Prior to the digital marketing revolution, it was very expensive and time-consuming to assess client intent. The best way to do so was either through phone calls or site visits, both taking up valuable time from your limited sales rep resources.
Now that the internet has become ubiquitous and client/vendor interactions have transitioned almost exclusively from offline to online, there’s a constant trail of digital breadcrumbs that clients leave behind, almost always revealing their intent.
The actionable data that’s unearthed as a result can be a powerful tool for agencies looking to improve their sales process.
By understanding what your potential customers are interested in and tailoring your offerings accordingly, your agency will be able to close more deals and dramatically boost its bottom line.
Additionally, intent data can help your agency assess the success of your marketing campaigns by tracking those breadcrumbs clients leave behind as they traverse your various marketing funnels and use that data to optimize your conversion rate and the return on your marketing dollar.
What Is Intent Data and Why Is It Important for Agencies?
Intent data is information that captures consumers' intent as they interact with the digital world. This can include things like:
Types of pages they visit on a website (e.g., money pages vs. informational articles)
Links or buttons they click on those pages
Keywords they search for to land on your website
Social media posts they share
Information filled out on lead-qualifying web forms
The sequence of web pages they visit
Links clicked inside the body of your marketing emails
Comments left on your blog posts or videos
Engagement signals on your social media channels (comments, likes, shares, etc.)
Client product reviews left on review sites like G2, Trustpilot, TrustRadius, etc.
Subscription or registration data
…and other sources, depending on the unique nature of your agency
Intent data is important for your agency because it can help you understand what product or service your potential clients are either already interested in or open to exploring further.
By tracking the behavior of visitors to your website and social media channels, or the actions they take as they navigate your digital properties, you can paint a picture to understand better what they’re looking for and help you tailor your sales pitch accordingly.
How Can Agencies Collect Intent Data?
There are several ways to collect intent data. One popular method is through website tracking tools. For example, by placing a cookie on your visitors’ browsers, you can track their online behavior and see what pages they visit, how long they stay on each page, and what actions they take.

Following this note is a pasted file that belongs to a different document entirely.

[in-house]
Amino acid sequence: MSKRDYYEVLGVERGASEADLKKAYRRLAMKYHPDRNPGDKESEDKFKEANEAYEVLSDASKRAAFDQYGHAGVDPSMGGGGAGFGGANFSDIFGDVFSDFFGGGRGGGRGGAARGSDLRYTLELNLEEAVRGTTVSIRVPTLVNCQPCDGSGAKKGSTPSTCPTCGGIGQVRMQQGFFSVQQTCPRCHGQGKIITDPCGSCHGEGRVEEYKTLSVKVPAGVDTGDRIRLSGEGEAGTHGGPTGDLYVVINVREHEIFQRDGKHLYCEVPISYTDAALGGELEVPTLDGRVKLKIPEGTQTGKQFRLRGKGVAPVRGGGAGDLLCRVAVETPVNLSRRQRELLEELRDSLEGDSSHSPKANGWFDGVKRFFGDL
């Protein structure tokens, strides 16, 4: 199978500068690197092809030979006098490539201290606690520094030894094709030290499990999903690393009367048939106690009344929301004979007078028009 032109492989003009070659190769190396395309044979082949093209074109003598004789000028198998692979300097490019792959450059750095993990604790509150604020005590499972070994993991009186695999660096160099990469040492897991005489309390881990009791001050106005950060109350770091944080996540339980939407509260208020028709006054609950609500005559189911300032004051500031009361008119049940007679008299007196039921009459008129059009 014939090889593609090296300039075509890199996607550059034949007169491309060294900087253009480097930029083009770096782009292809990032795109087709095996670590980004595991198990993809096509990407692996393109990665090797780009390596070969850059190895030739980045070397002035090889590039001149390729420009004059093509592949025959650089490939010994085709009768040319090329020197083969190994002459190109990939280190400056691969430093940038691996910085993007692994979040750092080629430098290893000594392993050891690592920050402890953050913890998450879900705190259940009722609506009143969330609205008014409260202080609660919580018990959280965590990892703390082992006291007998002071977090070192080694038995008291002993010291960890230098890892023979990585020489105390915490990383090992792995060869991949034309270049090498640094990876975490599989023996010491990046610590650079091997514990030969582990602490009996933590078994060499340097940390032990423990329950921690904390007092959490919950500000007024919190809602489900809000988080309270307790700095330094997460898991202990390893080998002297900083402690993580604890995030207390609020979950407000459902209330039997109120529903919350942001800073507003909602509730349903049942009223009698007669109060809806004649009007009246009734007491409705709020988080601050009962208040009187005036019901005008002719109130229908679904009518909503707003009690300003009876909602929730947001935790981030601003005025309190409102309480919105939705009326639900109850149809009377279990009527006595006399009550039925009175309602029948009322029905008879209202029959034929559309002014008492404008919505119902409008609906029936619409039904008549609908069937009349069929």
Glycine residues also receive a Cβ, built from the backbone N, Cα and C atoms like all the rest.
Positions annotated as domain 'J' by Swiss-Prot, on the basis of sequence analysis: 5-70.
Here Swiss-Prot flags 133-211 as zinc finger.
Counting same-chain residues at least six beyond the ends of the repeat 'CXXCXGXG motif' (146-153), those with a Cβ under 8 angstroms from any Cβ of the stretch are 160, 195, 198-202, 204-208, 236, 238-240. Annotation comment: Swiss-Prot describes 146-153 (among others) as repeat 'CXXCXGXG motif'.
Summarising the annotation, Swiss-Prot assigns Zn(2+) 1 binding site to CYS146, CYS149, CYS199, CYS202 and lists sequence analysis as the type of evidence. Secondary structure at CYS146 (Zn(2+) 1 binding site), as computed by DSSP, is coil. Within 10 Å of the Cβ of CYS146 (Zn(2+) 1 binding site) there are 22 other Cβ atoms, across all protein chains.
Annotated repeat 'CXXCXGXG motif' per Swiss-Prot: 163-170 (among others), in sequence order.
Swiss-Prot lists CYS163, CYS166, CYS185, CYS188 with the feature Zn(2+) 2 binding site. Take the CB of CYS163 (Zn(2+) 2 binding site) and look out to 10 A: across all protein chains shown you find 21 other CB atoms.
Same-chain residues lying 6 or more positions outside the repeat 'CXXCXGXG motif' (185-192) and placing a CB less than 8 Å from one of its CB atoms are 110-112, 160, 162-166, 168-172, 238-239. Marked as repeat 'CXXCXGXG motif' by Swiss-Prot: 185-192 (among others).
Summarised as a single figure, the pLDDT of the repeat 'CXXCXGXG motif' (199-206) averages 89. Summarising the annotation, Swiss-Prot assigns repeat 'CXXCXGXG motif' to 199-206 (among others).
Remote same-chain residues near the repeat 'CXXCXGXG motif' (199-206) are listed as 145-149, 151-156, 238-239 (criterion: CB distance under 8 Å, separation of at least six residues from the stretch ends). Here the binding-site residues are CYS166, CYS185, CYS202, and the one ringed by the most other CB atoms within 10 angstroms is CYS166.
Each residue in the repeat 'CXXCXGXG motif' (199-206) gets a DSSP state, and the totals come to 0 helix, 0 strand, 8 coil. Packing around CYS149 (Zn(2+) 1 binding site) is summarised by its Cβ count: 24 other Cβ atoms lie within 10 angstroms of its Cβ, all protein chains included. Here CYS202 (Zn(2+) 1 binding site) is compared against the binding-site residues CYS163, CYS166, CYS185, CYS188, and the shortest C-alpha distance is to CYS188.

To track what people say about your agency on websites you don’t control, you can use a free service like Google Alerts to get notified whenever there’s a mention in cyberspace of your products, services, members of your staff, or your brand in general, anywhere in the world.
By placing social media buttons on your web pages, you can keep track of social shares originating from your website.
When it comes to social media channels, there are several monitoring tools, like Sked Social, that allows you to manage your social media inbox, and keep track of hashtags, keywords, and mentions relevant to your brand to get an idea of what people are saying about your agency and its services.
Finally, most email marketing automation tools, like Drip or Active Campaign, have hooks that track what links your subscribers are clicking and then let you use that information as a trigger for further automation.
How Can Intent Data Be Used to Improve Your Sales Process?
Intent data can be used in many ways to improve your sales process. One way is by using it to better understand the specific stages in the sales cycle your clients currently occupy based on their historical online behavior.
By tracking the trail of digital breadcrumbs they leave, from pages they visit on your website (e.g., the sales page for service X or product Y) to the length of time on page (a short time typically indicates shopping around, long times indicate more serious consideration,) to the keywords they search for to land on your pages, you can get a better idea of their needs.
Another way intent data can be used to improve the sales process is by helping you understand what objections potential customers may have. This could be ascertained by reading comments people leave on your site or social channels or analyzing user content found through Google Alerts.